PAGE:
NEW YORK, April 17 (LPC) - Banks active in Latin America have earmarked potential green loans for corporate borrowers, which seek to advance environmental, social and governance (ESG) criteria, despite some companies’ reluctance to allocate resources to environmentally-friendly operations.
To date, just two companies have raised green loans in Latin America. Spanish utility Iberdrola raised US$400m for its Mexican subsidiary in April 2018 and Peruvian conglomerate Ferreycorp in November signed a US$70m loan with BBVA.
Hurdles stifling supply include extra documentation costs involved in obtaining certification proving investments meet certain ESG guidelines, and the cumbersome research necessary to ensure company projects or investments qualify under green standards.
“There is this perception that getting green standard takes more work,” said Jaime García Alba, the head of advisory services and blended finance at IDB Invest, the private sector lending arm of the Inter-American Development Bank. “Launching any new project has an initial cost, but eventually these lead to greater investment opportunities.”
Given that green loans are still in their infancy throughout Latin America, bankers and investors have relied on the region’s best-known corporates to advance a green agenda. These companies come with deeper pockets that easily cover the costs of raising green money and are also constantly scrutinized over their compliance with ESG guidelines.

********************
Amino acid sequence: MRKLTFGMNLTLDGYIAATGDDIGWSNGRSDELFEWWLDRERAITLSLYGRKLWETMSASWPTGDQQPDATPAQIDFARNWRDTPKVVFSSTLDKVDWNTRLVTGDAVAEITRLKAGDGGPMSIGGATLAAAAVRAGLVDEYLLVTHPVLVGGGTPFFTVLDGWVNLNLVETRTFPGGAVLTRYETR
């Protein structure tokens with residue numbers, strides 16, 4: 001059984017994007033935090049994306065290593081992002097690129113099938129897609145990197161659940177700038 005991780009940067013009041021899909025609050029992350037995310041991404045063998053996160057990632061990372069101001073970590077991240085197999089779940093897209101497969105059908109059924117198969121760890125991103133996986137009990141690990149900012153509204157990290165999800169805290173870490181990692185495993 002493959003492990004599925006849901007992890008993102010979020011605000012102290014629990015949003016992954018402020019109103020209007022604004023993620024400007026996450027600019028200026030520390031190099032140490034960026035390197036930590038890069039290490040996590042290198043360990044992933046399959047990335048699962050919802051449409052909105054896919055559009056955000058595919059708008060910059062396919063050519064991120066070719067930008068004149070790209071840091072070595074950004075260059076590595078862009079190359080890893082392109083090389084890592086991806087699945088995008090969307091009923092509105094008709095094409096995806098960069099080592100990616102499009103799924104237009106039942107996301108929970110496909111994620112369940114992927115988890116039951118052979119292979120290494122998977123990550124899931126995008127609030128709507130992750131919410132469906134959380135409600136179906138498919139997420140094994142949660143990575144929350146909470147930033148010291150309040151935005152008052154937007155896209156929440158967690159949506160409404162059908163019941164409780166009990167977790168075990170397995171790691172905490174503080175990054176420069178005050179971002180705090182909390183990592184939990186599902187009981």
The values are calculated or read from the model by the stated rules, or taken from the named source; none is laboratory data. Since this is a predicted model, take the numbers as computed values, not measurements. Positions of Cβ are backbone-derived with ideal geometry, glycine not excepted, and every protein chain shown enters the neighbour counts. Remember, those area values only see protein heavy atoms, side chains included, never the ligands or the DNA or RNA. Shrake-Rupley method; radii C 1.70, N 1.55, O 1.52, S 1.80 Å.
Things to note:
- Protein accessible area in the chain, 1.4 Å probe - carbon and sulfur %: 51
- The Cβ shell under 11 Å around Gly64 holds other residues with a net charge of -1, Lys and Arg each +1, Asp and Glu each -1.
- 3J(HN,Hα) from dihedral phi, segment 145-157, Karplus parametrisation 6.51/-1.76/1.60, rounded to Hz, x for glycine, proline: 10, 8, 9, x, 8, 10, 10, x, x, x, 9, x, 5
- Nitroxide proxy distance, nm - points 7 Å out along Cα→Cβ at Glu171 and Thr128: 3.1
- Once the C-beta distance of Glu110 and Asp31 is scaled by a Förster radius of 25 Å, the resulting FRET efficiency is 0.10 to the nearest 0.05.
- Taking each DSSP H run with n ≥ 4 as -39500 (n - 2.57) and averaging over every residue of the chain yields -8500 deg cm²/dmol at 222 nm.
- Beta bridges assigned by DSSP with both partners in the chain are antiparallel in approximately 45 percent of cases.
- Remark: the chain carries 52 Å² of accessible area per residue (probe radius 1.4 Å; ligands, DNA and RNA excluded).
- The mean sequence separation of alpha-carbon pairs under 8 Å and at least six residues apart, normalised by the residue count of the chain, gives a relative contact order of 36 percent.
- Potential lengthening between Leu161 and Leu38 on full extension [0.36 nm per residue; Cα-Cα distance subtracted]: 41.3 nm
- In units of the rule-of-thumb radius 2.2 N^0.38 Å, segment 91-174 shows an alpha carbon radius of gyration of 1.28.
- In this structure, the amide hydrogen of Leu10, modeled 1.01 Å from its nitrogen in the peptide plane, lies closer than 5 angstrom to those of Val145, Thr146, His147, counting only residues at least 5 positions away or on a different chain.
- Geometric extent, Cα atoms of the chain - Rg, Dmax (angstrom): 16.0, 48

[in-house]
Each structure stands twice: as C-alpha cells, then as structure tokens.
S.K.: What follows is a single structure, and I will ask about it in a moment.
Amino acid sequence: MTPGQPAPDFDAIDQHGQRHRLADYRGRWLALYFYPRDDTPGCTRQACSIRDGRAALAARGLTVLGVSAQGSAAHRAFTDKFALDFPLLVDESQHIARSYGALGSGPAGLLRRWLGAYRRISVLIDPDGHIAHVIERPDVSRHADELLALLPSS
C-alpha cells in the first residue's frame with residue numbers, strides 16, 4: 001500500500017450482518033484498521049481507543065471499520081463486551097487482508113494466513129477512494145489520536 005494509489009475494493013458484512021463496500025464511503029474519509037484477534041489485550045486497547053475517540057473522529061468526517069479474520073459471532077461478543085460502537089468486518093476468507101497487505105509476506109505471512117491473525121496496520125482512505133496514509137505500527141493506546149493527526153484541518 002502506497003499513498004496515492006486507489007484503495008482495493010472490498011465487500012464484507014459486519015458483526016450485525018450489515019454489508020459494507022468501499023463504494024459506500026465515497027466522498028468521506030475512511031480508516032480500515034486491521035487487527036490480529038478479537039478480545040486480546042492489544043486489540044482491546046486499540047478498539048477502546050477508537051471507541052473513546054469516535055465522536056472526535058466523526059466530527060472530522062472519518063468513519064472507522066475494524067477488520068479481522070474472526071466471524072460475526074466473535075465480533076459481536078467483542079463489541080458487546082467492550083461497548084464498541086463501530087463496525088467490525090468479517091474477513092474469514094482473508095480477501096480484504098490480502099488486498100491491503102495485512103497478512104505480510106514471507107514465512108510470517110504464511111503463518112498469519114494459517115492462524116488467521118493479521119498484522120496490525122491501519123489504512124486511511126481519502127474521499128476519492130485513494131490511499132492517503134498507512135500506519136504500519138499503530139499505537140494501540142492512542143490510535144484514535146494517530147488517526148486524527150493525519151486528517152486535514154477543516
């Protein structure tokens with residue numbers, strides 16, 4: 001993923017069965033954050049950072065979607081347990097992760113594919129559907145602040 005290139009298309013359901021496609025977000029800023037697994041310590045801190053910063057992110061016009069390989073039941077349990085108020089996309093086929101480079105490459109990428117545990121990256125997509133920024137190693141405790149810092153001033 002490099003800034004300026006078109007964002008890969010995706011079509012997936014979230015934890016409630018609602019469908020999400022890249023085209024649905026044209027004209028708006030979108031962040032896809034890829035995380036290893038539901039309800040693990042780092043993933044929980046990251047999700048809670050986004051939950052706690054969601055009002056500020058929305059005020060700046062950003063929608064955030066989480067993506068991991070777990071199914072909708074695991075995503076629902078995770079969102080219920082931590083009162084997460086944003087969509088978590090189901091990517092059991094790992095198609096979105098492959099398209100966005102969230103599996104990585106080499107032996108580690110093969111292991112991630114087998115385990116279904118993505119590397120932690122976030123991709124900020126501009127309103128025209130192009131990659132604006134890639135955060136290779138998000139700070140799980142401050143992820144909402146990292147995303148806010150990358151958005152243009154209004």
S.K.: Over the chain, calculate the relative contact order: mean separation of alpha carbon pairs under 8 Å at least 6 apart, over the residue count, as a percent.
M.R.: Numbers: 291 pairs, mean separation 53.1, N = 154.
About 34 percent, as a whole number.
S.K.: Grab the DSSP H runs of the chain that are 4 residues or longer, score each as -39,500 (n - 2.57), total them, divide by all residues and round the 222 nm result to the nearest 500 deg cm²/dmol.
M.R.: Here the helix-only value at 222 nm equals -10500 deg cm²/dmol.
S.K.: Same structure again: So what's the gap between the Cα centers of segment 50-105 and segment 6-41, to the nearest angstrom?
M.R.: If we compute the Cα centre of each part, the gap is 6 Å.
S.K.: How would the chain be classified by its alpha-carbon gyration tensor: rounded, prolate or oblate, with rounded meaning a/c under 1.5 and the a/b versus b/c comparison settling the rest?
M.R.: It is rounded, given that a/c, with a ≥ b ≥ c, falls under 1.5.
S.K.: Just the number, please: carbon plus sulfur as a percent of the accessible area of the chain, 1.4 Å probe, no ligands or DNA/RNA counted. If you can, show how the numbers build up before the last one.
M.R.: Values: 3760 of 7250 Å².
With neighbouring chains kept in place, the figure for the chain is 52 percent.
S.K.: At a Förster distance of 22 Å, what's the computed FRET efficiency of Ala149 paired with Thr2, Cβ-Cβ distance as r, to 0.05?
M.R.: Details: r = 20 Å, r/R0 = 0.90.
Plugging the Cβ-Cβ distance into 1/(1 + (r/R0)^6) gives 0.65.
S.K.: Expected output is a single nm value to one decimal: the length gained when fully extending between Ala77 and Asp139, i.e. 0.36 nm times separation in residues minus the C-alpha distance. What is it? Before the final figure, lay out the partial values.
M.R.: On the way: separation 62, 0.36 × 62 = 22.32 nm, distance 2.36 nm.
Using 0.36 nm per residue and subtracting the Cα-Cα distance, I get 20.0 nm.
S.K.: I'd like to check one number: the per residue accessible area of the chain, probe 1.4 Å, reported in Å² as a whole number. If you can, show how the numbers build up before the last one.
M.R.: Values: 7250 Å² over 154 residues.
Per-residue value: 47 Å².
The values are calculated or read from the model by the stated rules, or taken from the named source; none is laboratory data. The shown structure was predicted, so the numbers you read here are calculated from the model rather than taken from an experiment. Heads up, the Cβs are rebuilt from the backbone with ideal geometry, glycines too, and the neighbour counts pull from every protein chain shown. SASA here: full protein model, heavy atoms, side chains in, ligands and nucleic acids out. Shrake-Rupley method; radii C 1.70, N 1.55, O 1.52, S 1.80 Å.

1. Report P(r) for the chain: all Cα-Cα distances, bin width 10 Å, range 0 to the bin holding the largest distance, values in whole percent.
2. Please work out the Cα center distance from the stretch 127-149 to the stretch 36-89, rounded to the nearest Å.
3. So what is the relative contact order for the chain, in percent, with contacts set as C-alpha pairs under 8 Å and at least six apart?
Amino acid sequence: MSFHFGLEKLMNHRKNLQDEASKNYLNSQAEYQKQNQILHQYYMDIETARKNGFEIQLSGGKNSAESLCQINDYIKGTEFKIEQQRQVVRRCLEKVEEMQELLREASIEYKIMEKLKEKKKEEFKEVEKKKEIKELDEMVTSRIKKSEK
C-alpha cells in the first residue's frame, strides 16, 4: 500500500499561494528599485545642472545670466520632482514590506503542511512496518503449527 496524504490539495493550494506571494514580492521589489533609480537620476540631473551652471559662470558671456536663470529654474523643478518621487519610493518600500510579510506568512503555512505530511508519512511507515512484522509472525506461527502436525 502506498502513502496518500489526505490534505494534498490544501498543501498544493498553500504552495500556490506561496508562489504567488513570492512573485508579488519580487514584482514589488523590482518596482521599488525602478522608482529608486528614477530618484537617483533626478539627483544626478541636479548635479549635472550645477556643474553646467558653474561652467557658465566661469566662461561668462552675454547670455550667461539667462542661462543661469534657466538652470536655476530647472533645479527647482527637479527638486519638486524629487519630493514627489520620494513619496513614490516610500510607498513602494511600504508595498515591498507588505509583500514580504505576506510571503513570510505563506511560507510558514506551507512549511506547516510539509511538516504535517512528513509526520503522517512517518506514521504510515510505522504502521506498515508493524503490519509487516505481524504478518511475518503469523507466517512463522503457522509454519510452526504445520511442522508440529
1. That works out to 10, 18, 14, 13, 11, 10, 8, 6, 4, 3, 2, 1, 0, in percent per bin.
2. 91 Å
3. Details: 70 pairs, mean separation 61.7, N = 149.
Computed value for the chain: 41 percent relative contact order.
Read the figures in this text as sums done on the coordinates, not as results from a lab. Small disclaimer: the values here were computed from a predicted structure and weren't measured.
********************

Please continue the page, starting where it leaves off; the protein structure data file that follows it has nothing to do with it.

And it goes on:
Banks are equally keen to push green financing solutions in order to advance their own sustainability agendas and broaden their overall lending suite. Lenders see an opportunity to not just lend money, but deepen business ties and pitch advisory services to Latin American corporates that are still navigating the learning curve of sustainable finance.
“(Green loans) are not a pure debt instrument, there is an opportunity to combine investment with advisory services,” said García. “There is a value-added expertise and banks know this is something they have to do to deepen their client base.”
Latin America’s first green bond, from a Peruvian wind farm operator, came in 2014 while Iberdrola’s green loan followed four years later. Despite the limited supply, interest for green deals has started to pick up, according to Jorge González-Jacob, global head of corporate loans at BBVA, who adds that additional loans are in the pipeline.
“We need to start with companies in Europe that have Latin American subsidiaries that have done sustainable financing deals (in Europe),” said González-Jacob, citing Iberdrola as an ideal bellwether.
The Spanish utility mandated BBVA to lead its green loan last year in Mexico and the bank syndicated the transaction among 10 lenders.
“Sustainable revolving credit facilities are in demand throughout the syndicated lending space,” González-Jacob added. “It started with (green) bonds but through 2019 and 2020 we will see more green lending.”
Companies in Latin America could benefit from adhering to green standards. Weather-related issues have the potential to negatively impact large-scale industries, including energy and mining, that remain core to economic development throughout the region. Well-known companies from Colombia to Brazil have seen their economic prospects, and in some cases, their reputations hindered by unforeseen natural disasters.